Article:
Farrell and Harte surprised by Congress decision on backpass rule

Managers feel change could have been trialled before start of the championship

Mickey Harte with Dublin manager Dessie Farrell following Tyrone’s league victory at Healy Park, Omagh.  Photograph: Tommy Dickson/Inpho

Mickey Harte with Dublin manager Dessie Farrell following Tyrone’s league victory at Healy Park, Omagh. Photograph: Tommy Dickson/Inpho

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It’s a rare thing for two opposing managers to display such whole-hearted agreement, especially when they’re from Dublin and Tyrone. Dessie Farrell and Mickey Harte share some dismay on this one too.

Not that Saturday’s game at Healy Park went ahead in such awful conditions – a decision incidentally made entirely by match referee Cormac Reilly, not the TV studios: their mutual concern is over the latest rule change to Gaelic football, passed by GAA Congress earlier in the weekend without any debate, which will prohibit a defender who receives a kick-out from passing it back to his goalkeeper.

Central Council confirmed the new rule would come into force from the start of the championship, not the remainder of the league; in other words without any trial or indeed scrutiny for error.

Farrell and Harte both agreed that introducing a new rule for the championship without any previous road-testing is a dangerous thing, whatever about the merits of such a rule.  

“I was surprised,” said Farrell. “Normally they like to try these things out. So I’m not sure what the motivation for it is. Is it a knee-jerk to something?”

Trialling the rule in the last two rounds of the Allianz Football League, and subsequent finals, would have allowed some room for familiarity: “That would have made an awful lot of sense, for sure,” said Farrell. “I don’t know whether that was discussed or not. It probably can’t happen now. It definitely would have made sense, yeah. But I think on face value, I wouldn’t be opposed to it.

“I actually think that’s a good rule change. It is squeezing the thing up, because you can see out there in situations where teams want to run down the clock, where they’ve got their advantage, and the use of the goalkeeper becomes quite apparent in that way. It just makes it more interesting.”

Because the original proposal came from Kildare club Raheens, it bypassed some of the scrutiny typically applied to playing-rules changes that originate with central committees, which in many cases are trialled during the national league; such rules can only be submitted by clubs in years divisible by five, 2025 being the next opportunity.

Harte was a little more dismissive of both the timing and need for the rule.

“Ach, sure it’s time for another rule change, isn’t it? The referees are only getting used to ones that are there, so give them a couple more. It may intend to invite teams to press, but I don’t know what the criteria was for bringing it in, I don’t know what the people who brought it in had in mind. But everything like that, players just adjust, and do whatever is required to live with the rule.

“There’s no point in me talking about the people who make the rules, because they make them anyway. They make as many as they want, and they don’t always consult with the people on the ground, whether these are sensible rules or not. And that’s a fact.”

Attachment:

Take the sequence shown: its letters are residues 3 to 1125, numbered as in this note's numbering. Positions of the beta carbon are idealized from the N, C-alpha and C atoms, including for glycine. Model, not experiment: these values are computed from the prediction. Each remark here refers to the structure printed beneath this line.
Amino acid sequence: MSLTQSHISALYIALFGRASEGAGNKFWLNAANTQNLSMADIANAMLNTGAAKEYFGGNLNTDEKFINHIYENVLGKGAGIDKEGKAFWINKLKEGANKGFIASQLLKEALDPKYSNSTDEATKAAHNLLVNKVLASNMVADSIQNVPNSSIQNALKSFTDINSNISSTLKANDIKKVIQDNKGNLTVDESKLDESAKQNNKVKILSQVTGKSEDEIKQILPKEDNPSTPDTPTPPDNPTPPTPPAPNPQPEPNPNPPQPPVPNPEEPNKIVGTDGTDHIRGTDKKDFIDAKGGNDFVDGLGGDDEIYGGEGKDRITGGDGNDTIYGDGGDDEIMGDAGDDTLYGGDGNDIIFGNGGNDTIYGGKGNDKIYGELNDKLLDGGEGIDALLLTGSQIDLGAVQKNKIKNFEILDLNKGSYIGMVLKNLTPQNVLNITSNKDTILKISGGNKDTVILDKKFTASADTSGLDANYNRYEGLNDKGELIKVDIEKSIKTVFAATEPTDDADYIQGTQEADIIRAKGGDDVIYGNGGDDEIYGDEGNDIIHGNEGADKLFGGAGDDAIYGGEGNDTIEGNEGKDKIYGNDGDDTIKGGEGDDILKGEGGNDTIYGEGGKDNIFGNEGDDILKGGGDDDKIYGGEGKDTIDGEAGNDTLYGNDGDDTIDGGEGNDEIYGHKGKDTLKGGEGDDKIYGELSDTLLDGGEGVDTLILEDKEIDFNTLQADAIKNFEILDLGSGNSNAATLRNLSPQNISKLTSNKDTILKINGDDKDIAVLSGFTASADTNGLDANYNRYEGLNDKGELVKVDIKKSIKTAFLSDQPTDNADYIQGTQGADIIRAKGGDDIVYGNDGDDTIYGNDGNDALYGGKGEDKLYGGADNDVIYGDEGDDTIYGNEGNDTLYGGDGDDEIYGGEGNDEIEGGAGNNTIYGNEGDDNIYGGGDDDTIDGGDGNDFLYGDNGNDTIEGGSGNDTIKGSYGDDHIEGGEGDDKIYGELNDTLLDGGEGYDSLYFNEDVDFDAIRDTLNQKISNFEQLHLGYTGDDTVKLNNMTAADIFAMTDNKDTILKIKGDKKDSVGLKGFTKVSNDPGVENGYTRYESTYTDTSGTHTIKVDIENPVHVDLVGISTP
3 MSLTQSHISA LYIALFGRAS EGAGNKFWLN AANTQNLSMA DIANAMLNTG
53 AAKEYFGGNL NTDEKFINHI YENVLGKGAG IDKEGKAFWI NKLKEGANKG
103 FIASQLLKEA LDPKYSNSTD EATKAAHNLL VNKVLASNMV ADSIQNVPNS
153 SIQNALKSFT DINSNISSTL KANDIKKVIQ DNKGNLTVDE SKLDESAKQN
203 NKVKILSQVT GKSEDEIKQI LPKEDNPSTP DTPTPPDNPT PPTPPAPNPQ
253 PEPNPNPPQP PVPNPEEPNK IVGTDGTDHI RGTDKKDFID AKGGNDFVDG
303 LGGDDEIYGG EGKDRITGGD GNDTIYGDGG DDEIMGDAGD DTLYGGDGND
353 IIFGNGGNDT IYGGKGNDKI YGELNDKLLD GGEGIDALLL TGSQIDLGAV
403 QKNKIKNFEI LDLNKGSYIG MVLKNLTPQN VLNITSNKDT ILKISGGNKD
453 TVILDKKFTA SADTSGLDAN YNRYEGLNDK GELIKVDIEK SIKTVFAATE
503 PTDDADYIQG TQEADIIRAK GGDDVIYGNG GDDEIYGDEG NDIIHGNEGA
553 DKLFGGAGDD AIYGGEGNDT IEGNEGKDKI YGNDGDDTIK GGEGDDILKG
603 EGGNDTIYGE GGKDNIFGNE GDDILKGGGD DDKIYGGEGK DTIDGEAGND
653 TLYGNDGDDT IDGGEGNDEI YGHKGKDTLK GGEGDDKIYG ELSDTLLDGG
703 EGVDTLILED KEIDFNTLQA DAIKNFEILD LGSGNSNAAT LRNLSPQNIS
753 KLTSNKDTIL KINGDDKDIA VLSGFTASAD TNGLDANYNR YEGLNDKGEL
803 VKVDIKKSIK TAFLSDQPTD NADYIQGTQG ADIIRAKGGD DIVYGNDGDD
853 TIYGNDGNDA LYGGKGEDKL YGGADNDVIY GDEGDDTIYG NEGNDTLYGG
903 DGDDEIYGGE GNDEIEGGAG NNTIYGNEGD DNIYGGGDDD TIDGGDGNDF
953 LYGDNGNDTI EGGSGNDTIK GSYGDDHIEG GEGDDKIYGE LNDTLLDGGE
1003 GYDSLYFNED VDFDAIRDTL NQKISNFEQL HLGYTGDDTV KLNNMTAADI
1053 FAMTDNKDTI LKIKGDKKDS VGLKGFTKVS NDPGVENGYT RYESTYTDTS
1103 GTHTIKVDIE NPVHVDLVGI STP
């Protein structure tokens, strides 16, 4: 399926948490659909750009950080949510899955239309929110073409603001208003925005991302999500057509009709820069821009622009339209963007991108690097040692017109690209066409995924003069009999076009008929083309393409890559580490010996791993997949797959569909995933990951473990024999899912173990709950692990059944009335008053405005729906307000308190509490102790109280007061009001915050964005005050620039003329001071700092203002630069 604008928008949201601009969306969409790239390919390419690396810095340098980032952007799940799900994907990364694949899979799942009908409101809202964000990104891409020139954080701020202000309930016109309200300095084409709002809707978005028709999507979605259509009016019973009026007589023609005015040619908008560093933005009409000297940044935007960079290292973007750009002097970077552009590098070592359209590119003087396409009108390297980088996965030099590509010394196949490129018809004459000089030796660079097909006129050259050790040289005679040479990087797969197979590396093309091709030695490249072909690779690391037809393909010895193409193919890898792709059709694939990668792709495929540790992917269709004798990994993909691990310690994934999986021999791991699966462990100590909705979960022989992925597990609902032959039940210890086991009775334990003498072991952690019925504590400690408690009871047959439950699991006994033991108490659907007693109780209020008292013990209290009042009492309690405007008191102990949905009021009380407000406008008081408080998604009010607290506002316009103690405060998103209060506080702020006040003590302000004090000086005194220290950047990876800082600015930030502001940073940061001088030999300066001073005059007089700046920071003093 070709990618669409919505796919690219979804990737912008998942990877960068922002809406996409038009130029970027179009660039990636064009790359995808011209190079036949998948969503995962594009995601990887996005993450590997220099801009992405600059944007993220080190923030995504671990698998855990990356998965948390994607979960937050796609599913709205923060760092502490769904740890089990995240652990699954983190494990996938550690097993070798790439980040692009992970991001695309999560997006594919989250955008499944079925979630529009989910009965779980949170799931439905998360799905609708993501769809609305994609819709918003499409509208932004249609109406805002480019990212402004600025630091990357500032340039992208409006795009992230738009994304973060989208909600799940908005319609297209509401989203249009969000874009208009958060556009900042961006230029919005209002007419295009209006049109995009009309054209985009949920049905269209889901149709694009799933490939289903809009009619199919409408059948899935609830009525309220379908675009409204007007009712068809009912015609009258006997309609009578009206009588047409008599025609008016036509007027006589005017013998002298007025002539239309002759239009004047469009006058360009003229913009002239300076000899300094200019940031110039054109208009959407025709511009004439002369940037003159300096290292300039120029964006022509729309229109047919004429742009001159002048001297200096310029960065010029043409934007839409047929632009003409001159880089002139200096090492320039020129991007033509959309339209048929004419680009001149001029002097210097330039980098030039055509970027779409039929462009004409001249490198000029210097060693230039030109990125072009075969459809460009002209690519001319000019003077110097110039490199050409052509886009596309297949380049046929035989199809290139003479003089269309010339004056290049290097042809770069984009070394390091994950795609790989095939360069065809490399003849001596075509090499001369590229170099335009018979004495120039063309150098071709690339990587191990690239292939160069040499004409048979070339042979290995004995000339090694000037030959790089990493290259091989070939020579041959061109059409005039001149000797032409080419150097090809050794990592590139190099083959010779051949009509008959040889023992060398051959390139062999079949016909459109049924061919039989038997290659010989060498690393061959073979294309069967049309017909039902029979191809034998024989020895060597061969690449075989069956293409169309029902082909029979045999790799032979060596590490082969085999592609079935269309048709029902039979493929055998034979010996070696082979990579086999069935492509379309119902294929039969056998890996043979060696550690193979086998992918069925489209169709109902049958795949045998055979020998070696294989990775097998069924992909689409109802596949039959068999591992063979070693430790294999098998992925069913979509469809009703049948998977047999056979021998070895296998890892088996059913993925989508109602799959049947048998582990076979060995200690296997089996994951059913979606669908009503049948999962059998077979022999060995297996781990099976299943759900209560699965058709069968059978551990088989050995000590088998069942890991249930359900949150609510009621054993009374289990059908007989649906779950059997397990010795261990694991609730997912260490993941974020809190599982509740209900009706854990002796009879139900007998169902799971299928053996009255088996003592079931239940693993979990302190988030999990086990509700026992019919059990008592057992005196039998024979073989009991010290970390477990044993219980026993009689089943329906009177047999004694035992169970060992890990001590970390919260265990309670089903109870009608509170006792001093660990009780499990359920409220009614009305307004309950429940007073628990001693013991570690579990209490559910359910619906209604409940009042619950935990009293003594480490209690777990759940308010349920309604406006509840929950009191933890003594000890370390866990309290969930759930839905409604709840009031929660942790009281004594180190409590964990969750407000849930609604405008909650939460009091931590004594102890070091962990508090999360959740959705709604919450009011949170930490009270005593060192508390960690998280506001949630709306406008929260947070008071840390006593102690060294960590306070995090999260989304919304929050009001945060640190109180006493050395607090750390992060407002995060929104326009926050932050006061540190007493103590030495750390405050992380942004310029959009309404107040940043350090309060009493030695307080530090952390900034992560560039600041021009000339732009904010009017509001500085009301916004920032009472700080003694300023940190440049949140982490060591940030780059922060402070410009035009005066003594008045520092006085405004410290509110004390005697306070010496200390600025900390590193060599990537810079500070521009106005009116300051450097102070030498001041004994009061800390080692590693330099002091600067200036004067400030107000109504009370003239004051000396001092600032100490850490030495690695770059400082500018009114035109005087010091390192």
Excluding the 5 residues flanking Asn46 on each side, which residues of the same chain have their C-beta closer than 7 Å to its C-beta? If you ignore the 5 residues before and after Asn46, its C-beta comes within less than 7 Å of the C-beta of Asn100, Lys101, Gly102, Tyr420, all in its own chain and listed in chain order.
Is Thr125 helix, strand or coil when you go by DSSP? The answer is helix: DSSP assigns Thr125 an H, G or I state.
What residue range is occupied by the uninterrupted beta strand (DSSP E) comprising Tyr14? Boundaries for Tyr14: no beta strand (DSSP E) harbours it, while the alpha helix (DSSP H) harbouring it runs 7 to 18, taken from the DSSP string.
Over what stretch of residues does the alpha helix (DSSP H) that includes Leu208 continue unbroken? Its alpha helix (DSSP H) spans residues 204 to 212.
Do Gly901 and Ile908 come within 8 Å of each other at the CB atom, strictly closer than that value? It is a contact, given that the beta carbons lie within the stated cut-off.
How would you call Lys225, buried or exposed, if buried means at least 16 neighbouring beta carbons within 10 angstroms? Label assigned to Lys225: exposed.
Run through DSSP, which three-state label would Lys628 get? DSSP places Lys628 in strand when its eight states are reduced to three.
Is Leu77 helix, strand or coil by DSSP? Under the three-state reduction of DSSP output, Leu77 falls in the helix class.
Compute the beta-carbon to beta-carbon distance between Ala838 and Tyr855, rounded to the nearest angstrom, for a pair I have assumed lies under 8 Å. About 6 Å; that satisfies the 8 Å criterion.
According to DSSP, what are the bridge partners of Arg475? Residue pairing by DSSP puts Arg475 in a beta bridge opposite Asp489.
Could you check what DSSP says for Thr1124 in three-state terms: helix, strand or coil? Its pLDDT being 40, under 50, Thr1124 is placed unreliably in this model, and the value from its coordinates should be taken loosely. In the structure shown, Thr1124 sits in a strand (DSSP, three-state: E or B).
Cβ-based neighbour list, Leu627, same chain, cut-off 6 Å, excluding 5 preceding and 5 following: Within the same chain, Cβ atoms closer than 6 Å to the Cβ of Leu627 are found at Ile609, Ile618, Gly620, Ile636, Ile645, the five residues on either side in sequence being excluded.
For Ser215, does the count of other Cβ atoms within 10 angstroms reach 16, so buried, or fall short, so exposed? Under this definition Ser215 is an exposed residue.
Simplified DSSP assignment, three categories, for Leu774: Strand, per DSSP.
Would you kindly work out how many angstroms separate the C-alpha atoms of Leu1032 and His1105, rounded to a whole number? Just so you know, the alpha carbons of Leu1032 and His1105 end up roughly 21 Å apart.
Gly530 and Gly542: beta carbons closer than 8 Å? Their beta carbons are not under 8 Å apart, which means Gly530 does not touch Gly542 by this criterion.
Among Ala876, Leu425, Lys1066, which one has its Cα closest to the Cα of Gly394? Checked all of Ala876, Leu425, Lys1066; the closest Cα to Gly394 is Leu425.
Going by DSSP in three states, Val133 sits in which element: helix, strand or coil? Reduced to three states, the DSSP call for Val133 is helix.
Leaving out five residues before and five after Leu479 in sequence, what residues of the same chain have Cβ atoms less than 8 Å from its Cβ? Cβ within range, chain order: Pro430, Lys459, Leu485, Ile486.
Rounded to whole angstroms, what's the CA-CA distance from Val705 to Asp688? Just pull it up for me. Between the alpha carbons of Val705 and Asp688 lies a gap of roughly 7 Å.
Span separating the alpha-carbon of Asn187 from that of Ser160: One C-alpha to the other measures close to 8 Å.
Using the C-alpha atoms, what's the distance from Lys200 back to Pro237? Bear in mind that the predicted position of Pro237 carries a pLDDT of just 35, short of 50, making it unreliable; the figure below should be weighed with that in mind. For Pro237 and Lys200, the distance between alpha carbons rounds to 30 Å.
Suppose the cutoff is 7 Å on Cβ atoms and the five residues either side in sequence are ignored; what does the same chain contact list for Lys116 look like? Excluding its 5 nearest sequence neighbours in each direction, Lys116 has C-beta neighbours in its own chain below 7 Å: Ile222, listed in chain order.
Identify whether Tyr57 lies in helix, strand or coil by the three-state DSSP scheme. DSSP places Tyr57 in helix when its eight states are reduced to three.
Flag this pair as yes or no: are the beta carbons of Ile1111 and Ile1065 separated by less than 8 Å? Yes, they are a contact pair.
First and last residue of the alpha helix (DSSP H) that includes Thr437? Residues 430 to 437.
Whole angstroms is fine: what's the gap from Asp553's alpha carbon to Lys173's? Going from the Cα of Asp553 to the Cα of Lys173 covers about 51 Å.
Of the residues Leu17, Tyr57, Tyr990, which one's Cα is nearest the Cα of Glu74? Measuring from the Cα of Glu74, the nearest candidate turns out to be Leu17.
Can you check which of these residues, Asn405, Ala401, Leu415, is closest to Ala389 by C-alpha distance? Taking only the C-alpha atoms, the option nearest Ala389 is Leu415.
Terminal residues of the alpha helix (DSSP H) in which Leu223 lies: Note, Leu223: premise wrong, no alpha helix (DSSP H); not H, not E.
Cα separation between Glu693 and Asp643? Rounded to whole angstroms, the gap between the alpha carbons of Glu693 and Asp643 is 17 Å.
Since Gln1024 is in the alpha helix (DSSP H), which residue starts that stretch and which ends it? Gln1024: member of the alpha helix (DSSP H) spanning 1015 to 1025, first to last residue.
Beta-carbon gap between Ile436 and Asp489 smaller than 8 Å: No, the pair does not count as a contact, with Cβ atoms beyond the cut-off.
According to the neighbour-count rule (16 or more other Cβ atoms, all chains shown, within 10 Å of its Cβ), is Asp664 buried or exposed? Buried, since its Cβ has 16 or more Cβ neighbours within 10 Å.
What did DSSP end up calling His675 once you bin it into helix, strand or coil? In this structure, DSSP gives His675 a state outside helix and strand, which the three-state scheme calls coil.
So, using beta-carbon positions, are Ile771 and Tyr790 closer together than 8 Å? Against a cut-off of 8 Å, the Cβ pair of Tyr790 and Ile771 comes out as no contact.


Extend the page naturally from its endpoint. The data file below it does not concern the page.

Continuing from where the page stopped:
Sensible rule

The Tyrone manager, whose team inflicted Dublin’s first league defeat of 2020, also agrees with Farrell that a trial in the remaining league games would been ideal.

“Yeah, and that’s what I’m telling you, they don’t consult the people on the ground who would be able to tell whether this is sensible thing to do or not. They just bring them in, that happens, and we can do nothing about it.”

Harte also rejected the suggestion coming from GAA headquarters that all competitions need to be played under the same rules.

“Well let me tell you about the same rules in the same competitions,” said Harte. “I can remember back to 2013, Petey Harte was going through for a ball, playing Mayo in a [All-Ireland] semi-final, and he got nailed. He didn’t even have the ball in his hands, and he got wrote-off. Couldn’t continue the game. Last week Kieran McGeary hit a player fair and square with his shoulder, he got a red card. The other team didn’t even get a free.

“That’s the same game, the same rules, the referees are refereeing under. No rule changes came in to affect that. That’s what happens in games, you have to live with that, but we’re not pleased to have to live with what we had to live with last week anyway.”

There has been some further clarification on the new backpass rule following Congress: if the goalkeeper doesn’t take the kick-out, he has to stand inside his own six-yard box, as per the existing rule. So teams won’t be able to circumnavigate the new rule by having goalkeepers out receiving the ball.

In the meantime Harte heaped plenty of praise on his goalkeeper Niall Morgan, who hit four wonderful frees despite the conditions on Saturday night; Morgan had four shots at goal in all, and converted seven, one effort following a sweeping run up the field drifting just wide.

“It’s critical,” said Harte. “We did a serious amount of work to win those frees, so when they’re missed, that’s all in vain. But when you get a score the players feel good, feel good about working for them. That’s the difference.”

Farrell also confirmed that Jack McCaffrey was taken off before the end, having been introduced earlier on precautionary grounds: “Yeah, we took him off, here was a slight concern with him. He flagged something with us, so rather than run the risk, we said we’d get him out.”

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